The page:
Medical professionals identified the role of activity monitors in supporting people to keep fit and in the prevention of various medical conditions that are normally associated with weight and lack of physical activity. They mentioned diabetes, obesity, and heart and circulatory diseases, and how the risks of suffering from these conditions increase as people age.

An A&E consultant said:

"Obesity and diabetes go together, so if you can keep the population more mobile, then you’d hope that their obesity levels would fall and that their diabetes would be less prevalent…then, on top of that, there would be all the secondary cardiovascular things like strokes, high blood pressure and other things."  [A&E consultant]

The physiotherapist in our participant-set said:

“I think the older population in particular, we know everyone’s living longer, we know we’re getting more medical conditions and increased medical dependency. The evidence shows that the more active- the benefits of exercise in reducing the risk of diabetes, osteoporosis, and improving balance.”  [Physiotherapist]

A General Practitioner [GP] said:

“That’s quite important because the point of the wearable is to have activity and to be more active than usual and to get healthy. That’s the point you wear a wearable.” [GP]

Pre-surgery preparation

For an elective surgery, patients have to be optimised for the surgery – checking on nutrition levels and maintaining some physical activity. A physical activity programme aims to increase aerobic capacity, and muscle and core strength ahead of the surgery. 

A surgeon mentioned about the role of activity monitors in this pre-surgery optimisation.

“about the optimisation of patients for surgery, so pre-optimisation is giving nutrition and doing many things including physical exercise. So, it has been shown that if you want to decrease, for example, the anastomatic leakage, if you make the patient have physical exercise two or three weeks before surgery, it is very effective as well as it’s effective to stop smoking or to take milkshakes for nutrition and so on. So, in elective surgery it will be very useful to say to other patients before surgery, “You are having an operation in three weeks, every day you have to do at least half an hour of activity.” It has been proved that it works.” [Surgeon]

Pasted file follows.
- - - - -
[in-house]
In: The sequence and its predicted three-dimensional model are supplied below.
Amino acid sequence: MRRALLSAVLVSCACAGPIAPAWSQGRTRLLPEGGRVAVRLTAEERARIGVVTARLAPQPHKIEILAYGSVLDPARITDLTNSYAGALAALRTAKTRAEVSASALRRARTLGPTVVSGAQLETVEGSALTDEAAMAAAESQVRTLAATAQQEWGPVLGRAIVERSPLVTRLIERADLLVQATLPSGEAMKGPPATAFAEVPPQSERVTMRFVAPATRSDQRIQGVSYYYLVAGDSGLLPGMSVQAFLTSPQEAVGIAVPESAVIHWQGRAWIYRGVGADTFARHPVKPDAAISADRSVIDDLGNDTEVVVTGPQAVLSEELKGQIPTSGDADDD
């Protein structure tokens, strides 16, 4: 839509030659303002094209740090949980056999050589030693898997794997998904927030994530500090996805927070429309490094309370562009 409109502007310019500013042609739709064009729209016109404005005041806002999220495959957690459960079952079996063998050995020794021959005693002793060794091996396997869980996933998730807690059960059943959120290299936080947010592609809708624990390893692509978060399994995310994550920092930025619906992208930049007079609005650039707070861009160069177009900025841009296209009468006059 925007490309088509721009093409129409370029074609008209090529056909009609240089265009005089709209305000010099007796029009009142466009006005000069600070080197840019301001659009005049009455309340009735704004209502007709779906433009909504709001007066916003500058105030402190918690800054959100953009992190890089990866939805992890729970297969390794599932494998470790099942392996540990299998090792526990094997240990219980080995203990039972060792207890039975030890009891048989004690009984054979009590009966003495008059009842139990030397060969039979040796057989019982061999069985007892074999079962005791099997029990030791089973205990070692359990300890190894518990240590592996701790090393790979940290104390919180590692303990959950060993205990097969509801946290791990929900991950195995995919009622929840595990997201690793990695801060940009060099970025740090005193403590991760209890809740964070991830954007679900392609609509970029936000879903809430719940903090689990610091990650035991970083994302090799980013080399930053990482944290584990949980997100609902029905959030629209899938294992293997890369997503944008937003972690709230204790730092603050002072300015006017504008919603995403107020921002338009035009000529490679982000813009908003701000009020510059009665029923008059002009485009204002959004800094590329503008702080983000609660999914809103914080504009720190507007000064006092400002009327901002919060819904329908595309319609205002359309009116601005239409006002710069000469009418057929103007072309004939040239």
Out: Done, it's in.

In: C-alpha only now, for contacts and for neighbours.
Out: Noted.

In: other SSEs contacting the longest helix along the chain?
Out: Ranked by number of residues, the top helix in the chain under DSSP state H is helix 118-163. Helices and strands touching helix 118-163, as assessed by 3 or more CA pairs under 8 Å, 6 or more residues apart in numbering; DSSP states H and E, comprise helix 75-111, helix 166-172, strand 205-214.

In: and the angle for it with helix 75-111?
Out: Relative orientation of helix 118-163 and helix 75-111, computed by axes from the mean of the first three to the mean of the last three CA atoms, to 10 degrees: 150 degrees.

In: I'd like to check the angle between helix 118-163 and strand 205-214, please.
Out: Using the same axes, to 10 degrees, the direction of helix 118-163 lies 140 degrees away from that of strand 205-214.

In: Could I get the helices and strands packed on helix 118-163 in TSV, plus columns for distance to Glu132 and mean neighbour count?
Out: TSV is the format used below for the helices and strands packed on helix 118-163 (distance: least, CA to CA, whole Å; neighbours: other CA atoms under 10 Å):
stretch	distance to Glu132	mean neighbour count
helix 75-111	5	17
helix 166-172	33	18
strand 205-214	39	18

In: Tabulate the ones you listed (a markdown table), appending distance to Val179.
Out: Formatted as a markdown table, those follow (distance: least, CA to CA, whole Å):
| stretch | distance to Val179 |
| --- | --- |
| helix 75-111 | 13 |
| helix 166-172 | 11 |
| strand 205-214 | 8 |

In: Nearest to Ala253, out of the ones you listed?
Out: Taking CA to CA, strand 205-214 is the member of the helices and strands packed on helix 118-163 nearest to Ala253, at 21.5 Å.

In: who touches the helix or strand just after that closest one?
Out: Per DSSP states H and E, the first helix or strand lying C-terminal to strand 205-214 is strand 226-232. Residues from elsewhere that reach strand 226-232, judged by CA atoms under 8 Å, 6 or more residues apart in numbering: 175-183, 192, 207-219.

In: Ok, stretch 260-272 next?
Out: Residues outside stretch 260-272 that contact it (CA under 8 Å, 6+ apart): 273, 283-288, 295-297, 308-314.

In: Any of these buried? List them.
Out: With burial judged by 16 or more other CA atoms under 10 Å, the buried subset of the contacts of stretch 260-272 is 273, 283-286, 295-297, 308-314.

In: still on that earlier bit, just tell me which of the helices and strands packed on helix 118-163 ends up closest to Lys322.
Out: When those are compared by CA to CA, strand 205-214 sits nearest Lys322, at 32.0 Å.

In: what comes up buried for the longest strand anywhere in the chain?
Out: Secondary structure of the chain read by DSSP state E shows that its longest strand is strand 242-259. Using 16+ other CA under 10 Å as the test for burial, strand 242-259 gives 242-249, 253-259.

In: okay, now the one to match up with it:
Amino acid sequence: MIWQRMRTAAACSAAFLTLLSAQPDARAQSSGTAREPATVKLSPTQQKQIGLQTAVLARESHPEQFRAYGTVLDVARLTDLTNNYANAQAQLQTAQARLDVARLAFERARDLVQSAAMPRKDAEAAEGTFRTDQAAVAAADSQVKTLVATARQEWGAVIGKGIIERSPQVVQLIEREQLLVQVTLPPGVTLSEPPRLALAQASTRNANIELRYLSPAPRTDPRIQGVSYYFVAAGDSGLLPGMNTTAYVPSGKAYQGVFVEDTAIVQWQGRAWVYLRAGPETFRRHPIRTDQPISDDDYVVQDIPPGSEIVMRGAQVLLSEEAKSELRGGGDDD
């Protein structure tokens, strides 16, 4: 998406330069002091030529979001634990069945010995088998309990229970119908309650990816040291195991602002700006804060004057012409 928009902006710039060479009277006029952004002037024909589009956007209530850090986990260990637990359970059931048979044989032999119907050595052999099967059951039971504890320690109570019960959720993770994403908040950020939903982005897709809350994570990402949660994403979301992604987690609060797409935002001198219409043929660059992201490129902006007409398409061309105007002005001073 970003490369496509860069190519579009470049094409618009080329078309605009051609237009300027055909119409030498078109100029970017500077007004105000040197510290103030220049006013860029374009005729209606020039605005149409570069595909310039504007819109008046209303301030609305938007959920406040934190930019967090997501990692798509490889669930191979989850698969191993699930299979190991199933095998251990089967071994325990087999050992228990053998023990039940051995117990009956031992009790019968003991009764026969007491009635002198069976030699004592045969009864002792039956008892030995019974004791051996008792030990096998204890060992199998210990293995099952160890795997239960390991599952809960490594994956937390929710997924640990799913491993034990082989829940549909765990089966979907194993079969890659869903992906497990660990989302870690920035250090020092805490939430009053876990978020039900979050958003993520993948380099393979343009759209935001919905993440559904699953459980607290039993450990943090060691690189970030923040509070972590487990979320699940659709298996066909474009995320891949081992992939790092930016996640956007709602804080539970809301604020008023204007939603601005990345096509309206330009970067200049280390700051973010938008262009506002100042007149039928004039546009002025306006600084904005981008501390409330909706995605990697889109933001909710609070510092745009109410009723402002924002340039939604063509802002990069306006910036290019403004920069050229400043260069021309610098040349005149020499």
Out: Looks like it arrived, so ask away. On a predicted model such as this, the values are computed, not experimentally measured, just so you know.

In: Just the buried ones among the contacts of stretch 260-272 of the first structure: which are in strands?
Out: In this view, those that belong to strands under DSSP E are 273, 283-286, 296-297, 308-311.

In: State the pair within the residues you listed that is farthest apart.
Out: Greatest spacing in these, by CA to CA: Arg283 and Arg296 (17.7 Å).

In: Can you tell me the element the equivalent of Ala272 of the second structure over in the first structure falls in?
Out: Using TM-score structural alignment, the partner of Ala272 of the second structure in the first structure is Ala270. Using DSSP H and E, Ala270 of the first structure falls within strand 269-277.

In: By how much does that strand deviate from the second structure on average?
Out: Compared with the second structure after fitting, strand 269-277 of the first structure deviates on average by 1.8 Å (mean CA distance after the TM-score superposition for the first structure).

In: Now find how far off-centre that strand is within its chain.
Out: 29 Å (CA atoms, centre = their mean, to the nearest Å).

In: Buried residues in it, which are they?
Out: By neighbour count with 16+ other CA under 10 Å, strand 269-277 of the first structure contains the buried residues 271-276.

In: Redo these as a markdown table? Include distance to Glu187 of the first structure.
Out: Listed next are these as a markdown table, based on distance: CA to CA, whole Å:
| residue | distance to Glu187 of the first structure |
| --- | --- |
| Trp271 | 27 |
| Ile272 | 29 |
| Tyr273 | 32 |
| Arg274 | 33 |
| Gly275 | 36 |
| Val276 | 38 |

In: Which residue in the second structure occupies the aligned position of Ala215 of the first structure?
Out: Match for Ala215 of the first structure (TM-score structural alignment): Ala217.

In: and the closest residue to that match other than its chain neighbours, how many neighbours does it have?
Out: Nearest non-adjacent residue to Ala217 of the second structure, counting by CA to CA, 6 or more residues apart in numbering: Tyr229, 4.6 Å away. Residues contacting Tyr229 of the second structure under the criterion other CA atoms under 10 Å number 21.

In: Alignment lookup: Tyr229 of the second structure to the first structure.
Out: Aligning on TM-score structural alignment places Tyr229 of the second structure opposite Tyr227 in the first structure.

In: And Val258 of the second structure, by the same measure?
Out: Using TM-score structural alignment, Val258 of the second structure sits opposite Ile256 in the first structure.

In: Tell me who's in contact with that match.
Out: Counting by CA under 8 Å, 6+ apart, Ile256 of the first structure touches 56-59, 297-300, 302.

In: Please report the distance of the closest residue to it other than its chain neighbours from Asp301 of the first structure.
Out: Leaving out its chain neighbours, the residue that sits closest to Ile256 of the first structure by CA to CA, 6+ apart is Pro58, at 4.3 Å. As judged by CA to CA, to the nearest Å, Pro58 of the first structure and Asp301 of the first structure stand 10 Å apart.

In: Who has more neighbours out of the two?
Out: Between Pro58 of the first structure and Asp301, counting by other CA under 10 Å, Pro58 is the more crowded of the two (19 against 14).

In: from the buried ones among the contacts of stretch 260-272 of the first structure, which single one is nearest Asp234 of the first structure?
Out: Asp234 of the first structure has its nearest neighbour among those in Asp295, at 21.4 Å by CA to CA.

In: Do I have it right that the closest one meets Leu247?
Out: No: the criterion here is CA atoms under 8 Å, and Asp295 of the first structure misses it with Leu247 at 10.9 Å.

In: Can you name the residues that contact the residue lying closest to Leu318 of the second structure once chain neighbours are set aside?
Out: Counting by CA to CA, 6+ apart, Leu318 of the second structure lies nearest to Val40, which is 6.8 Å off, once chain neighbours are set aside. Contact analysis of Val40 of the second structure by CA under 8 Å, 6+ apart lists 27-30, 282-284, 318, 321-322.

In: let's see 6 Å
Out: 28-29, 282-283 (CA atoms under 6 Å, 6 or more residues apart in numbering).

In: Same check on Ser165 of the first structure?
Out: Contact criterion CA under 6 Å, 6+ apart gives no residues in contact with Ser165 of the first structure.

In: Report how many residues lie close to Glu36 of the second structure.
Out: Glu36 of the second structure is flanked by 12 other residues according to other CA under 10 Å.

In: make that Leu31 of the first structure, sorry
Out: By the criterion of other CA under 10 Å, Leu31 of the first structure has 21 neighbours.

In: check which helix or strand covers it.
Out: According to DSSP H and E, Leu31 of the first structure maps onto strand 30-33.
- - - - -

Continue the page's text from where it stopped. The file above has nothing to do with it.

Rehabilitation

For post-surgery rehabilitation or for maintaining some physical activity after a medical incident, the activity monitors could be useful for monitoring the necessary level of mobility that is required.

“Okay. Let’s say after a heart attack, so cardiac rehab. Again, there’s a very important part of recovery where they have exercise and have physio. That might be useful. Again, pneumonia rehab after a bad episode of COPD or something. Any sort of rehab programme where they are doing activities, this would be useful.” [GP]
“If you have the device, and you are able to walk, even inside your home, then, after being inside the home, I can see them going out in the garden. Then, aiming to the local shop and then, aiming to something more.” [Geriatrician]

For monitoring of medical condition

For patients, an activity monitor helps them to monitor their physical activity and to check whether they are keeping up with the level of activity that they have been advised. For medical professionals, these devices can give them an insight into their patients’ level of activity.

“In my Parkinson’s patients, … I would be using it [the activity tracker] for them to show me that they [patients] were gradually increasing their activity levels. I would be looking for trend[s]. Most of my Parkinson’s patients are very inactive and they shouldn’t be. I would be looking at using that during a six-week block of physiotherapy treatment to show an increase trend of how they’re moving. Also, an ideal situation, over six months I’d like them to maintain the levels I achieve after a six-week block.” [Physiotherapist]

CONCLUSIONS